Analysts betting interest rates will rise in Mexico
Mexico City • After Mexico’s economy failed to gain much traction during President Enrique Pena Nieto’s first two years in office, growth is finally starting to pick up. That’s prompted traders to predict the first interest-rate increase since 2008.
The odds that Banco de Mexico will lift its benchmark rate in the next year have jumped to 32 percent, from zero two weeks ago, after an Aug. 21 report showed the economy grew faster than analysts’ estimates in the second quarter. The central bank has reduced rates 1.5 percentage points in the past 17 months to 3 percent, the lowest in Latin America.
With the economy topping forecasts for the first time in six months, traders are wagering that Gov. Agustin Carstens will look to reverse the rate cuts to guard against a rise in inflation. While Pena Nieto has pushed through sweeping changes to the nation’s oil laws that are poised to fuel foreign investment in Mexico and propel growth, the economy last year posted its weakest expansion since 2009 and disappointed analysts earlier this year, hurt by tax increases and a slump in the United States.
"The strong recent data, in particular the second-quarter GDP report, creates more certainty that the next move in Mexico will be a rate hike and not a cut," Bill Adams, senior international economist at PNC Financial Services Group in Pittsburgh, said in a telephone interview.
Ricardo Medina Macias, a spokesman for Banco de Mexico, declined to comment on market expectations regarding monetary policy.
Mexico’s gross domestic product expanded 1 percent in the second quarter from the previous three months, equal to an annualized rate of 4.2 percent, the national statistics institute said Aug. 21. The median estimate of 14 analysts surveyed by Bloomberg was for growth of 0.8 percent. The economy grew just 1.1 percent last year.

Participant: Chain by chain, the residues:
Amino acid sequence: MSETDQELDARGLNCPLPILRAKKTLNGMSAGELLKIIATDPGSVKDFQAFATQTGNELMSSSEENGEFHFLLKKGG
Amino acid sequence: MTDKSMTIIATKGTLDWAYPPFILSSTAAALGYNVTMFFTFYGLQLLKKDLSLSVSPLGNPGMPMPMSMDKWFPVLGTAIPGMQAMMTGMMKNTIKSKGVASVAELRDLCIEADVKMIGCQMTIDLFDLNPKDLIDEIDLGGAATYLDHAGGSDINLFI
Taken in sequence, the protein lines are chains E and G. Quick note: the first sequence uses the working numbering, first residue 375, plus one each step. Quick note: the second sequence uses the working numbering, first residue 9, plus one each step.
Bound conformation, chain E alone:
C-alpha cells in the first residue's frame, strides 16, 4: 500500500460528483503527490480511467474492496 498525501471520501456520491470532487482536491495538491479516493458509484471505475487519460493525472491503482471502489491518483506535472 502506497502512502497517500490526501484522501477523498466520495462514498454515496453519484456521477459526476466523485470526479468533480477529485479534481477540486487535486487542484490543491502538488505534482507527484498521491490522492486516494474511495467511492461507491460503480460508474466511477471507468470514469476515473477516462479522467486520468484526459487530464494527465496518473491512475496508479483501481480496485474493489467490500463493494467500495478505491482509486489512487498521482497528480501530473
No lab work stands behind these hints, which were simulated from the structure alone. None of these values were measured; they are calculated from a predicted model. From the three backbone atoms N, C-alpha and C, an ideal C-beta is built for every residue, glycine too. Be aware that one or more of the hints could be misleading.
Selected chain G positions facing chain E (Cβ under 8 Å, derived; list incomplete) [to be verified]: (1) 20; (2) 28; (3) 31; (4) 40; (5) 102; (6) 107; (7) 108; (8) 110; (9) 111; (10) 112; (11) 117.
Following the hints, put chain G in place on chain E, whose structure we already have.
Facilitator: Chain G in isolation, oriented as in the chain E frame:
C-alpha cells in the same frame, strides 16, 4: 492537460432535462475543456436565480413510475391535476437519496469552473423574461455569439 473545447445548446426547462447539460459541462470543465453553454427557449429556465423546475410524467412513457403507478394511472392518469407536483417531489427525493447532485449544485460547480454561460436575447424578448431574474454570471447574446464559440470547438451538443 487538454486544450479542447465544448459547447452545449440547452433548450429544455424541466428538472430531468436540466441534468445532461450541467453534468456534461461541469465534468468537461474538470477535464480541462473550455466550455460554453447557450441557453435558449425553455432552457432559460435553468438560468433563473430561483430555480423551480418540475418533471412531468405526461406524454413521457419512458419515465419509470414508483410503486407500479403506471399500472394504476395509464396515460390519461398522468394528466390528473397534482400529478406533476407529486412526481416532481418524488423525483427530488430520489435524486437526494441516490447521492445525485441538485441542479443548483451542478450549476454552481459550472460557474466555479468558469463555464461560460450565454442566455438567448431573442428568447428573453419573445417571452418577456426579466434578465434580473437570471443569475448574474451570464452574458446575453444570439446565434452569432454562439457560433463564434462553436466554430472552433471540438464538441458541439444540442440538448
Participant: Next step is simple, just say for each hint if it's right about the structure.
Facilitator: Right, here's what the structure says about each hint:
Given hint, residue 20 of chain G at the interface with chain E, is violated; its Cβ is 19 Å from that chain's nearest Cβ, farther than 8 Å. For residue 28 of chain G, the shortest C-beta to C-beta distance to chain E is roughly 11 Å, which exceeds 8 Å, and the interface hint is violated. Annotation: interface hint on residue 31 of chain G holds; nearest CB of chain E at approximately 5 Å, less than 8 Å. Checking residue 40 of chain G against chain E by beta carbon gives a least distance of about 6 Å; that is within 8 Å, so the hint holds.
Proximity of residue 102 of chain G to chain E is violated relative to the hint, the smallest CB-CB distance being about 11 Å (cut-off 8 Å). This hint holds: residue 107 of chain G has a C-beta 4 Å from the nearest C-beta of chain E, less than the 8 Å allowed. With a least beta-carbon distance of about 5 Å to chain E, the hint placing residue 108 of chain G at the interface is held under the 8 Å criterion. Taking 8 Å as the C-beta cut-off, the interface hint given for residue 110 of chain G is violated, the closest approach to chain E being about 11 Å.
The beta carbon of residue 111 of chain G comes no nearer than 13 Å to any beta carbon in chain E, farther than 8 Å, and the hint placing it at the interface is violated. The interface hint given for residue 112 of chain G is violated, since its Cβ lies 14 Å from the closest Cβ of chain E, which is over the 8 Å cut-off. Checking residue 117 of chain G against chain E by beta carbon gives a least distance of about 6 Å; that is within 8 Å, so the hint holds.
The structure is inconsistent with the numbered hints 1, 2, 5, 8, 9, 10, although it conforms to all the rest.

Increased exports to the U.S., Mexico’s biggest trade partner, and a recovery in the services industry buoyed the economy, deputy Finance Minister Fernando Aportela said Aug. 21.
The government forecasts growth will continue to accelerate after Pena Nieto broke state-owned producer Petroleos Mexicanos’s production monopoly, allowing companies such as Exxon Mobil and Chevron to explore for oil. The government plans to award the first contracts to private oil drillers in May as part of changes that Pena Nieto said in a televised roundtable with journalists last week could bring an extra $250 billion in foreign investment and help lift annual growth close to 5 percent by the end of his term in 2018.
Investment in the energy industry will add as much as 0.8 percentage point to economic growth next year, according to Marco Oviedo, chief Mexico economist at Barclays. He forecasts an expansion of 3.7 percent in 2015, which will cause inflation to accelerate and the central bank to raise rates.
"If everything goes as we expect, growth stabilizes in coming quarters and the economy starts growing close to the potential rate by September of next year, we’re going to start seeing some demand-side pressures on inflation," Oviedo said by phone from Mexico City.
The annual inflation rate climbed to a five-month high of 4.07 percent in July. The central bank forecasts inflation will slow toward its 3 percent target early next year.
Delia Paredes, an economist at Grupo Financiero Banorte, Mexico’s largest publicly traded bank, said the central bank may keep rates at a record low if the economy fails to show continued improvement.
Policymakers lowered their 2014 growth forecast for the third time on Aug. 13, saying GDP will rise 2 percent to 2.8 percent, down from their previous estimate of 2.3 percent to 3.3 percent.
"It isn’t clear to us that they’re going to raise rates," Paredes said by telephone from Mexico City.
The central bank will lift borrowing costs in the third quarter of next year, according to the median forecast of economists surveyed by Bloomberg.
Higher interest rates in the U.S. would also add pressure on Mexico to follow suit as it seeks to keep the peso from weakening, PNC’s Adams said.
The Federal Reserve will probably increase borrowing costs by a quarter point to 0.5 percent at its meeting in July, according to the median forecast of analysts surveyed by Bloomberg. The difference between rates in Mexico and the U.S. is 2.75 percentage points, the least since Mexico adopted a target for the overnight bank funding rate in 2008.
"The central bank sees the interest-rate differential as important to supporting the value of the Mexican peso and preventing depreciation of the peso when U.S. interest rates rise," Adams said.